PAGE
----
In Mauritius you can eat your way through history
A rum restaurant sheds light on a fascinating past
IT’S probably un-Australian to admit it, given the liquor economy of the early colony, but rum has been an essential pantry item in our house only because there is no better way to eat pineapple than to cut it into chunks, sprinkle it with brown sugar and grated fresh ginger, then douse it with rum and bake it until soft, sweet and spicy.
At least that was my view until I went to Mauritius, specifically to a nine-rum tasting followed by lunch at Rhumerie de Chamarel in the beautiful and undeveloped southwest of the island.
The distillery is a complex of red-roofed terracotta buildings set in a verdant valley of jungle, intersected with paddocks of pineapple and fields of sugar cane.
Sugar was the first industry in Mauritius; so rum was the second. The early rums were made from molasses, a by-product of sugar production. A new approach gives primacy to producing rum over sugar crystals, so the canes are juiced and the juice turned into rum. This agricultural rum is considered a superior brew to the industrial molasses-based product. Chamarel makes both single and double-distilled rums, ages some in lightly charred Limousin oak, and flavours some with natural essences.
A group sprawled in a couple of lounges in the tasting room loudly loves the coconut rum; my brandy-loving husband favours the oak-aged gold rum, while I’m surprised to find how much I like the pineapple.
The coconut rum lovers are moving on to coffee rum when we head to the restaurant, Alchemiste, for lunch. A bright bougainvillea sits below the open window by our table. Everything we can see beyond it is part of the Chamarel estate, which is the source of most of the ingredients on the menu, starting with the complimentary appetiser of wild boar rillettes and homemade bread.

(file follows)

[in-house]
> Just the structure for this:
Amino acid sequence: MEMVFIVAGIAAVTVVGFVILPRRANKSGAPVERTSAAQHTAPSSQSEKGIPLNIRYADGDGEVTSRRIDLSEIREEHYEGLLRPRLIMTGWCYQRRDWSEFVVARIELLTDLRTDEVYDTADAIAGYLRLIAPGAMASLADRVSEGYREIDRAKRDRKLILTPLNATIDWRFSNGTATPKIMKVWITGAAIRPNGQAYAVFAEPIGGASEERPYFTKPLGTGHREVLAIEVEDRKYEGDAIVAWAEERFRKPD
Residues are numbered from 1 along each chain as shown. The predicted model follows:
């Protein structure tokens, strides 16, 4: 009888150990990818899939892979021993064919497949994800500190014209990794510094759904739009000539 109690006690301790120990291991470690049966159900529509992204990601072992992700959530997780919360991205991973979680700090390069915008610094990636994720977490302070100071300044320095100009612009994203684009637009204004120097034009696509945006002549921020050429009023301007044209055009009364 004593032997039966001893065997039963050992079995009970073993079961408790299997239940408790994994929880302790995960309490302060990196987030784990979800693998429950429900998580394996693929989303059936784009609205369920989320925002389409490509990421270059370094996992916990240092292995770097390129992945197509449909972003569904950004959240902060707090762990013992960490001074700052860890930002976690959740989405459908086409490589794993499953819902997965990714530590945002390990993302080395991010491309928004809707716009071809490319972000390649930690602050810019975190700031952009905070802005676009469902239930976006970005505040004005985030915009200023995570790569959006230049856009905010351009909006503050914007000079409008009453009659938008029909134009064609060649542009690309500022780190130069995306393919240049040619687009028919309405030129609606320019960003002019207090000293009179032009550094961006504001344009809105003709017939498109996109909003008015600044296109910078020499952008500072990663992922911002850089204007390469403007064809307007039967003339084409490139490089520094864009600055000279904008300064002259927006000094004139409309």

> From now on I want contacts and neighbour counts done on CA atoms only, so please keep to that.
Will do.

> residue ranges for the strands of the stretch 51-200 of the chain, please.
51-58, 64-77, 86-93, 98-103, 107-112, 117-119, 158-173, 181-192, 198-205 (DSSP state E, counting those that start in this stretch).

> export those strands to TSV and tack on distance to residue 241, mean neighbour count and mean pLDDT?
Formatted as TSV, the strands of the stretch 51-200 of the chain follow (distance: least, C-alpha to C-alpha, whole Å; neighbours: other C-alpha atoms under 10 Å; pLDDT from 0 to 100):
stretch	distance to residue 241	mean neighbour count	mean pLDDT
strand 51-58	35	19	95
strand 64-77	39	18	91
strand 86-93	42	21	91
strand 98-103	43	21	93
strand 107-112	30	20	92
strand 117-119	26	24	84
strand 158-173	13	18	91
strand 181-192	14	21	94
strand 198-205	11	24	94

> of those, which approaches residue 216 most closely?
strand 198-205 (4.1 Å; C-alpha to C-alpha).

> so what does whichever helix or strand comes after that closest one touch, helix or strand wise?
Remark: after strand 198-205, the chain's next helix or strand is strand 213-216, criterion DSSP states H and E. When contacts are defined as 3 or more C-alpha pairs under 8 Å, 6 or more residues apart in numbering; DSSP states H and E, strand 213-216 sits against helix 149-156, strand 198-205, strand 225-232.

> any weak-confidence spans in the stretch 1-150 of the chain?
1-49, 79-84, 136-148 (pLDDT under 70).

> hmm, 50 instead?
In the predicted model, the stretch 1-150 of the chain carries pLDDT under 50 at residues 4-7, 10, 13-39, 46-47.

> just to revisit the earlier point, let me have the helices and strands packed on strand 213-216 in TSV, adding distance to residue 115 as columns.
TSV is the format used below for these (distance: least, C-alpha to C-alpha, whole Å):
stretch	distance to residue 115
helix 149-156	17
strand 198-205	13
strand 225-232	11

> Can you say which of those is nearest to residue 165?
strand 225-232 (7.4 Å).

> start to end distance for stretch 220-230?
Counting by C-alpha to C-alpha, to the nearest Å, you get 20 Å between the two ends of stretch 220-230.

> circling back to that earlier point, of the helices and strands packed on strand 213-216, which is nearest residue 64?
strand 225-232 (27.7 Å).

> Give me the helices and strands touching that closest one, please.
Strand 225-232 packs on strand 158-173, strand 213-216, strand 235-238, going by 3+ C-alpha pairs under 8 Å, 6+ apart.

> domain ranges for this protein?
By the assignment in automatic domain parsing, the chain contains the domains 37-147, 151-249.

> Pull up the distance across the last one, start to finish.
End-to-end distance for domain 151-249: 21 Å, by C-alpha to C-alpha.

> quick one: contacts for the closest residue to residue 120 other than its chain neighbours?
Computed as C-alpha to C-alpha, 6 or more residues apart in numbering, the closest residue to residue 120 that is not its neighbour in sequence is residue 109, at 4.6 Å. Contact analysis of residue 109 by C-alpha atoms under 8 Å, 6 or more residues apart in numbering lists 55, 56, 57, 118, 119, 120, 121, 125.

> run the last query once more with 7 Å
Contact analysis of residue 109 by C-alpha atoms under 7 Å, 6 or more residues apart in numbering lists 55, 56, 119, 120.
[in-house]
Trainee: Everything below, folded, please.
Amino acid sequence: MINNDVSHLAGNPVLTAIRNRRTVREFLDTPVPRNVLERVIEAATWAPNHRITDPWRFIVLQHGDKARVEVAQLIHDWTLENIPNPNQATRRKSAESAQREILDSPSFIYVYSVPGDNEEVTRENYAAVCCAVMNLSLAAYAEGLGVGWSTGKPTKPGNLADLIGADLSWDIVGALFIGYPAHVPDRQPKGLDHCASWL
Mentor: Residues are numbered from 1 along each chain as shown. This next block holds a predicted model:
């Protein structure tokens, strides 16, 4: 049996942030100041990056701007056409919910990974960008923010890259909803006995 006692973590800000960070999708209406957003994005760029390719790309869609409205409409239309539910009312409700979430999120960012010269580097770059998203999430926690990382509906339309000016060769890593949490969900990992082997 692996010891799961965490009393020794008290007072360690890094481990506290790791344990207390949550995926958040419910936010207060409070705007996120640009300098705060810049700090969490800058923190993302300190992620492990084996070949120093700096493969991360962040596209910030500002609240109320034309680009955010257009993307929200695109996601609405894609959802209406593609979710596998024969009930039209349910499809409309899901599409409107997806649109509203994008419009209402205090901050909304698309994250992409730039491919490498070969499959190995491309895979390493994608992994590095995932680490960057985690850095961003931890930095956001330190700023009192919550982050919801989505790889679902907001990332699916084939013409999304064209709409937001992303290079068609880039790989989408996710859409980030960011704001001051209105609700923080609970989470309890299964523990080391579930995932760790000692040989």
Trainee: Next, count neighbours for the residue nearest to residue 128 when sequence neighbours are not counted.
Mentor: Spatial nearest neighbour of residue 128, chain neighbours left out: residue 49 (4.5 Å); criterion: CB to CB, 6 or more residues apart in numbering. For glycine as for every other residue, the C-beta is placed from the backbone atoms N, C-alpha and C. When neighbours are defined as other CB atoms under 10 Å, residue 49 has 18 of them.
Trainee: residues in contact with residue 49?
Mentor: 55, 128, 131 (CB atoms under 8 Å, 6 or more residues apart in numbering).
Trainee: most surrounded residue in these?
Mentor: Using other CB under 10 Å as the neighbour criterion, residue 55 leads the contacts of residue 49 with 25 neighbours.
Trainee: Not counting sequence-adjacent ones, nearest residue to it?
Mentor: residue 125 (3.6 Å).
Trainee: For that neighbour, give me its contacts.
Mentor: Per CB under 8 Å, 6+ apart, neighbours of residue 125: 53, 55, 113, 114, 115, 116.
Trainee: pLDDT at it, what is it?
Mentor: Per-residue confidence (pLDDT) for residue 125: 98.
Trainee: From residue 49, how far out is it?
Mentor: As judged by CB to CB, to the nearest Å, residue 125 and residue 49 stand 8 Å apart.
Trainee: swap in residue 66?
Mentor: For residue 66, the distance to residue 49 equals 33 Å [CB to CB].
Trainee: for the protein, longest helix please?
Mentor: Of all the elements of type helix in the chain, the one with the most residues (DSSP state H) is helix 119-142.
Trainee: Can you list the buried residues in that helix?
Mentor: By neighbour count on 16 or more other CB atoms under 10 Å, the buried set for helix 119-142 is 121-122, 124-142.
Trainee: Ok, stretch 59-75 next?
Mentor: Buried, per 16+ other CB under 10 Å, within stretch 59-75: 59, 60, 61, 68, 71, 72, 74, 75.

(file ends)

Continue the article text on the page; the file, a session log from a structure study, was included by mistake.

It was the Dutch who brought sugar and boar to the island, which in 1598 was just another idyllic and uninhabited speck in the Indian Ocean, albeit one that could serve as a supply post on the long journey to Java. Mauritius didn’t work out for the Dutch; rats off the ships made short work of the sugar cane and the cyclones were unfriendly. And the Dutch didn’t work out for the dodo. Within 80 years of European discovery, the dodo was extinct. Most dodo scholars apportion blame not to the cooking pots of the colonists but to the rampaging boars they brought with them, so it seems right to toast the dodo with a bite of the really very good boar rillettes.
The palm hearts served in the palm heart salad are also grown on the estate. This dish, too, dates back to the island’s early inhabitants, and has become a Mauritian standard. Like the boar, there is a whiff of destruction around the palm heart. This delicacy is the growing tip of the white palm, Dictyosperma album, one of seven palms indigenous to Mauritius. The heart is harvested when the palm is six or seven years old, and it’s a one-off: the heart is taken and the rest discarded. Now they are cultivated, but white palms were incredibly rare when Mauritius became a French colony.
Our next course is a tuna tartare. By now we feel we are eating our way through Mauritian history, the tartare having brought us to the ongoing influence of the French. The French lost control of Mauritius in the Napoleonic wars but French continued to be spoken, and France is the source of more than half the European tourists who visit. The tuna is served with slices of confit tomatoes and slivers of seaweed that give it the finesse you might expect from a Parisian bistro.
For dessert we leave Mauritian history and go back to personal history with the perfect marriage of pineapples and rum. The Rhumerie de Chamarel version adds butter to blend the sugar and rum into a boozy caramel.
It’s delicious, but I think my favourite pineapple and rum moment of the day is the straightup spirit, on ice. It now has a front spot in my drinks cabinet. More: rhumeriedechamarel.com.
Rhumerie de Chamarel in southwest Mauritius
Pineapple and rum dessert